Fire Danger Raised to HIGH in Missoula Area - Outdoor Burning Closed

Due to a rebound in higher temperatures and drying vegetation, Missoula County fire protection agencies are raising the Missoula area fire danger rating to High effective immediately. In high fire danger, dry grasses and needles ignite easily and fires can spread rapidly and may be difficult to control. Due to this elevated fire risk in conjunction with air quality concerns, fall outdoor burning has also been closed.

“While the rain last month helped slow our local fire behavior, wildfires are still actively burning in other states and sending smoke our way. In addition, some nearby fires have woken up due to increased heat and sunshine, and communities near those fires are experiencing air quality impacts. Everyone should pay attention to changing smoke conditions and check out for practical tips for checking the current air quality and creating cleaner indoor air spaces,” said Missoula City-County Health Department Air Quality Specialist Sarah Coefield.

Since the beginning of the year, Montana has experienced 2,208 wildland fires that have burned nearly 850,000 acres. Missoula County has had 113 wildland fires in 2021 so far; 65% of which have been human caused. Illegal debris burning is the leading cause. Outdoor burning in Missoula County is by permit only, and General Burning Season (burning of yard debris/untreated vegetative waste generated onsite) is closed until March 1, 2022. When fire danger drops and air quality allows, the Missoula County Fire Protection Association (MCFPA) will again open fall burning but remember that the only burning that will be permitted is prescribed wildland and essential agriculture burning. Within Missoula City limits, parcels must be at least one acre or more in size to be eligible for an outdoor burn permit, and recreational fires are banned year-round, with exceptions for barbecues. While we wait for better air quality and consistent moisture to come, please use caution, and realize that now is NOT the time to burn that pile of leaves and branches in your backyard. Not only is it a wildfire risk, but it’s also illegal! Visit or for more information on outdoor burning seasons, permits, and current restrictions.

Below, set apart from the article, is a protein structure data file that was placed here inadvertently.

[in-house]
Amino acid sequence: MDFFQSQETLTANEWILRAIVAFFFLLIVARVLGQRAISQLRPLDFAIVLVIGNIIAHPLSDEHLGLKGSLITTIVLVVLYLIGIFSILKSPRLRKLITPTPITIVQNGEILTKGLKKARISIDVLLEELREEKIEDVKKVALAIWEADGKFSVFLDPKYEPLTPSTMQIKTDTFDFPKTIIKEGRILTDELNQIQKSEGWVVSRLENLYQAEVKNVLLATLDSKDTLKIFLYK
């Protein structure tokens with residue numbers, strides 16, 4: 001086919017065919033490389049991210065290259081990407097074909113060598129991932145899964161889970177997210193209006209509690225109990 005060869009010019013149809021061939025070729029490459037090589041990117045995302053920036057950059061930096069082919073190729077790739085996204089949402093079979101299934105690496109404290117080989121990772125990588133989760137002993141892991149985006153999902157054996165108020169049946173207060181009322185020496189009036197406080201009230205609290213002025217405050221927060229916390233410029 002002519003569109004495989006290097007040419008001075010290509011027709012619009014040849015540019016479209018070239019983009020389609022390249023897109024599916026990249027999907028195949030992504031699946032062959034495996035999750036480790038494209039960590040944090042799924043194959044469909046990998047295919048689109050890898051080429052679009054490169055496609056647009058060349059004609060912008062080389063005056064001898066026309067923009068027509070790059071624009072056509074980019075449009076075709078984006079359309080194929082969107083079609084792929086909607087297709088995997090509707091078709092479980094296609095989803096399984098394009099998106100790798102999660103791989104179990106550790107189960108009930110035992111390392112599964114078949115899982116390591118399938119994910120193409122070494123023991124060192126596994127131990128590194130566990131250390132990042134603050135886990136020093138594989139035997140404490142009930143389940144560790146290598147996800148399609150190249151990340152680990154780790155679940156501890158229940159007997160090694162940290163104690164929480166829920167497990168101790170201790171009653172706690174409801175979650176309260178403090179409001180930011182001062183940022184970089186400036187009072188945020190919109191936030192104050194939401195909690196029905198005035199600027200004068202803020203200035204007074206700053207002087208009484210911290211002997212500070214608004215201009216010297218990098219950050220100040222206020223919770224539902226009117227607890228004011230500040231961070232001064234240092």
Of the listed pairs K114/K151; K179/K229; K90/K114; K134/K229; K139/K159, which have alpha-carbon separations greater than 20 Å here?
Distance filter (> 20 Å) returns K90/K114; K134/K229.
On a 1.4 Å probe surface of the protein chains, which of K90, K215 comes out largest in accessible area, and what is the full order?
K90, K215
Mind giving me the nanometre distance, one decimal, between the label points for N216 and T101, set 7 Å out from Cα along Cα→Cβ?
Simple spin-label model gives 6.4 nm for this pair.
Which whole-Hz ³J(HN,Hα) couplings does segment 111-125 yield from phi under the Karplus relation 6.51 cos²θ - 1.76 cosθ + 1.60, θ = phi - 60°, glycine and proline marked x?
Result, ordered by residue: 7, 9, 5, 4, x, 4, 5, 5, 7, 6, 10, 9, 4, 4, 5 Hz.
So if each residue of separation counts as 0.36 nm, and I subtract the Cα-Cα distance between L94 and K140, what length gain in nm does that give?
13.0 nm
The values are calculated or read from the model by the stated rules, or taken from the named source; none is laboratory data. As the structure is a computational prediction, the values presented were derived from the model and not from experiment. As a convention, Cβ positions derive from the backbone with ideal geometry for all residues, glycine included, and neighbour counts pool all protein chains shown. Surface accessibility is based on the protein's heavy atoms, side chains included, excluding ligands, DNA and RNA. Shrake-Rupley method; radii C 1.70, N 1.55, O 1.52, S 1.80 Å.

Abandoned campfires are another leading cause of wildfire in the Missoula area—especially in the fall with hunters scattered afield. For all those planning to head out into our public lands this autumn, be sure to check for local fire restrictions at and put those campfires dead out! Please don’t park in dry grass, and cross your trailer chains to avoid dragging and creating sparks. When target shooting, choose an area free of vegetation or lots of rocks and don’t shoot on windy days. Avoid steel core/tip/jacketed bullets and remember that the use of exploding targets is prohibited on public lands. One less spark is one less wildfire!


Reader Comments(0)

Rendered 07/15/2024 22:47